2006 Census

Did you know? . . .  Town population is up 6.6 per cent - from 2,415 in 2001 to 2,575 in 2006 - beating the national average of 5.4 per cent.

Official government census gives Athabasca a boost

The figures are in and it has been confirmed: according to 2006 census information from Statistics Canada, the number of people living in the Town of Athabasca has increased since 2001.

Of course, this comes as little surprise to most residents, the signs of growth being apparent, most notably in the increasing demands for more housing. Still, it is interesting to note that according to Statistics Canada, the population in Athabasca increased from 2,415 in 2001, to 2,575 in 2006. That is an increase of 6.6 per cent, placing the percentage of increase in the Town of Athabasca ahead of the national average, which was 5.4 per cent.

In comparison, the 2001 Census shows that the Town of Athabasca grew by 4.4 per cent between 1995 and 2001. The national average in 2001 was 4 per cent, and Alberta grew at a rate of 10 per cent.

While encouraged by the 2006 StatsCan confirmation, Athabasca Mayor Richard Verhaeghe believes that growth for Athabasca was inevitable, given Alberta’s thriving economy. Alberta posted an overall increase in population of 10.6 per cent.

“The population increase for Athabasca was going to come, anyway,” Richard advises. “We’re only seeing the beginning.”

He notes, too, that the town has been taking steps to prepare for growth, even though some residents may not recognize the preparations as such.

“We jumped ahead about five years, building the Multiplex, the skateboard park, the spray park, even though some people question those decisions. And we did it without raising taxes.”

Richard is proud of what the community has achieved in the last few years, pointing to grassroots leadership as the foundation of achievement and progress in Athabasca. He also recognizes members of town council for their leadership roles.

“This council has come a long way in instilling community pride. I can’t think of any other small town I’d rather live in.”

Responsible development the new challenge

With continued growth a strong possibility for Athabasca, the mayor is concerned about how the community will handle it.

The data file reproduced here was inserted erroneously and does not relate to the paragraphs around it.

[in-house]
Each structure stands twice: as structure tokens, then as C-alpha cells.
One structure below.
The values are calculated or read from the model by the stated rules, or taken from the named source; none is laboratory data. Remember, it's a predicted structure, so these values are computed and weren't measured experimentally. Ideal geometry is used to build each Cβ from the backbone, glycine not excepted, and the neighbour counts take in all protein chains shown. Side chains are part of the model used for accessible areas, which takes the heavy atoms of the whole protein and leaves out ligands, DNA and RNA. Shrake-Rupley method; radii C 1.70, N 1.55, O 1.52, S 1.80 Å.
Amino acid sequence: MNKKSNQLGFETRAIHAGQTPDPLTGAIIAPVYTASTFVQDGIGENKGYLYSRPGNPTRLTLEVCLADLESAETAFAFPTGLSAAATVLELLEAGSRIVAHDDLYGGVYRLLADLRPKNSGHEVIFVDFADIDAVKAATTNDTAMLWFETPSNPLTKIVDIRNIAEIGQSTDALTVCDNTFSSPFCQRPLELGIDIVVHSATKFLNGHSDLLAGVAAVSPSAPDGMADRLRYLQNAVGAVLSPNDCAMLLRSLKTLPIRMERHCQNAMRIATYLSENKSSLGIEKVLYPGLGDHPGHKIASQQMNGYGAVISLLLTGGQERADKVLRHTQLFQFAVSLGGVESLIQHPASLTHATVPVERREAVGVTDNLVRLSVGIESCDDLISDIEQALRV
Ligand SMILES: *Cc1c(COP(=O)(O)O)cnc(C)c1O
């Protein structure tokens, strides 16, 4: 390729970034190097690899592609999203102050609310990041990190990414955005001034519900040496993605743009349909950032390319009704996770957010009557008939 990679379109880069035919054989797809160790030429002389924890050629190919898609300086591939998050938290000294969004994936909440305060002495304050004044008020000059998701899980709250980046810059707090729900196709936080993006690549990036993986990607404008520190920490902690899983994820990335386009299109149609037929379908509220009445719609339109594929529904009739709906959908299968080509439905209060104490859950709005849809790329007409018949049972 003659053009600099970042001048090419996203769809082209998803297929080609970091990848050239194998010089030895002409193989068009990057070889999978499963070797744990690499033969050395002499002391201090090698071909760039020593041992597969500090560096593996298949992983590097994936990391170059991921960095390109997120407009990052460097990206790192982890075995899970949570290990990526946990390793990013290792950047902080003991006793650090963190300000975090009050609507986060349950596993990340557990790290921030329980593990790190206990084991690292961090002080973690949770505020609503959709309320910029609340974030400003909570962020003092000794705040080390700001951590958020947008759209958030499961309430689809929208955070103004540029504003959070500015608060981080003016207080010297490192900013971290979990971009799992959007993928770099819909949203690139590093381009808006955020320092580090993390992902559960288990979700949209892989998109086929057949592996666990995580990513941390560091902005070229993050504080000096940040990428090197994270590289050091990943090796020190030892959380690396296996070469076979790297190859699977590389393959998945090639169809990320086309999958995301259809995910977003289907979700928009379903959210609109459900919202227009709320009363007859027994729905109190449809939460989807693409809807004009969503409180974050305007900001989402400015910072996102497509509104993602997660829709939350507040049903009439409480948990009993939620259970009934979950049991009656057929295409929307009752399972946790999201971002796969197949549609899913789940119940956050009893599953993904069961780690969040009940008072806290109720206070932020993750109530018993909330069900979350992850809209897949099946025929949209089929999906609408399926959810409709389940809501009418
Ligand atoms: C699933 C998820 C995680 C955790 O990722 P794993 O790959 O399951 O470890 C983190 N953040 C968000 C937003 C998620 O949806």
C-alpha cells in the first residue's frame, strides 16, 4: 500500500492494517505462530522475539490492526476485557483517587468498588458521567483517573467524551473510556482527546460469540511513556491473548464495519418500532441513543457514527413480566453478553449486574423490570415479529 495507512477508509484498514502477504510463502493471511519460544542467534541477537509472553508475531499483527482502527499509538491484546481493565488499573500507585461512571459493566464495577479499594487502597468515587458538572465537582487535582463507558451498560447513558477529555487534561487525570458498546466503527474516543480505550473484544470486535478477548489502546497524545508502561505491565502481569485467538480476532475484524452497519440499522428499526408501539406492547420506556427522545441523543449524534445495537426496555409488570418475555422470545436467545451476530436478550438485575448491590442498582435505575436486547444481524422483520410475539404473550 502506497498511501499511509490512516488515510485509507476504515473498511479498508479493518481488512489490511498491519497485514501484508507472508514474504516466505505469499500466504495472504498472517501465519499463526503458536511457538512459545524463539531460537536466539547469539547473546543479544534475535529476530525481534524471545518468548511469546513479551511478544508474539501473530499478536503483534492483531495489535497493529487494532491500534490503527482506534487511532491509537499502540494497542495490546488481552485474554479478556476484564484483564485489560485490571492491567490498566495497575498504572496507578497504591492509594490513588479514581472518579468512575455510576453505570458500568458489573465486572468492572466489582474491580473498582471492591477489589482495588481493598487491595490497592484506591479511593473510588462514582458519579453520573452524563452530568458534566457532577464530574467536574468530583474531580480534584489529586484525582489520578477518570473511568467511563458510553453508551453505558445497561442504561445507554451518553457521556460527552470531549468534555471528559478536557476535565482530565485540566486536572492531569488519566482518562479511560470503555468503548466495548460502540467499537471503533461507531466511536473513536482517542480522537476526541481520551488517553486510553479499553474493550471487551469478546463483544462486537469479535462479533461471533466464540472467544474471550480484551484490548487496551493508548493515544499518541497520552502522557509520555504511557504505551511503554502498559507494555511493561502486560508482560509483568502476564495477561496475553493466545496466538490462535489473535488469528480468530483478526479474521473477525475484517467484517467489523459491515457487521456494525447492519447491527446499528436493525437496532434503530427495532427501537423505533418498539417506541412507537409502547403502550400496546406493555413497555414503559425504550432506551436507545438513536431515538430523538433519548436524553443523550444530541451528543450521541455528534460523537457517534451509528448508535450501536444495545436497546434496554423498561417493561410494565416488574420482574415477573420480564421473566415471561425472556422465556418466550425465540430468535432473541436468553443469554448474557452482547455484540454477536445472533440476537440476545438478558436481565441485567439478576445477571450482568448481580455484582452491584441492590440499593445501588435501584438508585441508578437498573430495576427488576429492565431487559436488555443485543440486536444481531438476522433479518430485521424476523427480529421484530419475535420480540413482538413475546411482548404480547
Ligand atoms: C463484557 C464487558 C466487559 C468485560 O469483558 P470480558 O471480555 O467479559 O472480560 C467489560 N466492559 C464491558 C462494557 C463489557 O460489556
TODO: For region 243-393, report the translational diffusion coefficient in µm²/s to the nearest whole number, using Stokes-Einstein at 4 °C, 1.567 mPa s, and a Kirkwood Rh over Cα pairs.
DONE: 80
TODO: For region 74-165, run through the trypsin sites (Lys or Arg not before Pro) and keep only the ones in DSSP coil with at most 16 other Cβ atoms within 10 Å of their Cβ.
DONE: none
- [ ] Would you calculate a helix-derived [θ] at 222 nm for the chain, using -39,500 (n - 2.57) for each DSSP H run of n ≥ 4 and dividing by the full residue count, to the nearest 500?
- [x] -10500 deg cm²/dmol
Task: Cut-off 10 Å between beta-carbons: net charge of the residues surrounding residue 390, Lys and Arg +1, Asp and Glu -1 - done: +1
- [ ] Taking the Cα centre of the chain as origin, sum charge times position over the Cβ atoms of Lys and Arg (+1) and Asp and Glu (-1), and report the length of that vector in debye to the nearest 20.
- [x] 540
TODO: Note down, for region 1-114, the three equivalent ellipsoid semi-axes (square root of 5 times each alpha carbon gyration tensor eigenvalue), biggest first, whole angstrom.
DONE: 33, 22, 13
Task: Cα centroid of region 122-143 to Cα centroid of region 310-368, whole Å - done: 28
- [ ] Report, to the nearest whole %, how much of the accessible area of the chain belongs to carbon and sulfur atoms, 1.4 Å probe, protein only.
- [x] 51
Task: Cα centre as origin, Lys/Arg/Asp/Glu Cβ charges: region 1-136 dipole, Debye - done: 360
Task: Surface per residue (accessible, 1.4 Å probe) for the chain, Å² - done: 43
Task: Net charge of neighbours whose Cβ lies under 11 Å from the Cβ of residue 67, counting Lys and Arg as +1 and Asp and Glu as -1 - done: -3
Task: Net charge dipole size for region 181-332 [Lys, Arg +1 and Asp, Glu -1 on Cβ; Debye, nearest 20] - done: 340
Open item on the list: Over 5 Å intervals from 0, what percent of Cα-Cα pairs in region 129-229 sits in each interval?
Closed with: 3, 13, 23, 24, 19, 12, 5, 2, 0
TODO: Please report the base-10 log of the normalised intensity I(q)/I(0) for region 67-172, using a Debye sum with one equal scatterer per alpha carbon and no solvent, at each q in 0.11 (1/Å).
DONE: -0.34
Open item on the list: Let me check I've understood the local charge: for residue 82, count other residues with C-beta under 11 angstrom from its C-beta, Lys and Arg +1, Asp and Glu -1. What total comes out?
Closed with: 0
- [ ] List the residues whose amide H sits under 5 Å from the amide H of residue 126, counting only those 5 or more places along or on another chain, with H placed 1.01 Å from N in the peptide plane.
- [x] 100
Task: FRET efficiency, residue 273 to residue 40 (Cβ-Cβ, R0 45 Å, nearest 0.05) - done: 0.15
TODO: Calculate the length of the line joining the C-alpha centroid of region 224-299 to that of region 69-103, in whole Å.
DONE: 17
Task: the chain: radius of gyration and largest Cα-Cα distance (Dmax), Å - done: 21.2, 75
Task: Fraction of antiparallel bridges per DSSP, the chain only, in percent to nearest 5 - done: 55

“The question is, can we grow responsibly?” he asks. “Council has to be pro responsible development and we have to consider the greater good of the entire community, not just the town.”

Larger population means more per capita funding

One benefit to the officially recognized StatsCan census figure is that when government funding is available on a per capita basis, a larger population base means more money. The good news for Athabasca is that per capita situations could translate into a 6.6 per cent funding increase.

However, councillors point out that the 2,575 figure will have increased quite a bit since the census was taken last year. Unfortunately, unless the town pays to have a new census done, it is bound by the 2,575 population figure until the next official government census.

Councillor blog site offers census overview, analysis

In March, Councillor Mike Gismondi provided additional details about Census 2006 at his councillor blog site. He also offered some analysis and personal opinion of the census information as it relates both to the Town of Athabasca and areas in the county.

“The trend for Athabasca is looking up, and looking good,” says Mike. “The County is holding steady. And, growth in year round residents at Island Lake and around Baptist Lake has been enormous.”

He notes that, while residents of these summer villages come to Athabasca for a variety of services, such as commercial services, schools, elder care, health services, recreation facilities, churches, doctors, dentists and more, the Town of Athabasca does not receive any significant tax support from the villages.

Mike also points out some interesting patterns across Rural Canada. According to Statistics Canada, “Canada's population in small towns and rural areas grew by 1.0 per cent between 2001 and 2006, after declining by 0.4 per cent in the previous intercensal period. In 2006, just under 20 per cent of Canadians (6.0 million people) were living in rural areas, that is, in areas located outside urban centres with a population of at least 10,000.”

“So, for a small town,” says Mike, “Athabasca is growing six times the national average.”

Athabasca is doing very well, considering the trend towards low or no growth in some remote rural areas.

“Athabasca is one of the few small towns bucking the rural trend of low or no growth north of Edmonton, and doing it nicely,” states Mike. “Most of our neighbours (some much closer to Edmonton) are losing people, not gaining as we have.”

There are a few factors he feels may have contributed to Athabasca’s growth in recent years.

“If I had to venture a guess, I would argue that the investment the Town Council has made over the last few years...in all areas...has really helped, as has the job security and recent boom growth at Athabasca University, and the steady work at the (Alberta-Pacific Forest Industries) pulp mill. But don't forget the efforts on the Riverfront and with Communities in Bloom to make the town look good and feel so well looked after.”

The complete text of Mike’s census blog can be found at http://mikegismondi.blogspot.com/

For details on Athabasca’s Statistics Canada census figures, go to http://www12.statcan.ca/english/census06/data/profiles/community/Details/Page.cfm?Lang=E&Geo1=CSD&Code1=4813048&Geo2=PR&Code2=48&Data=Count&SearchText=athabasca&SearchType=Begins&SearchPR=48&B1=All&Custom

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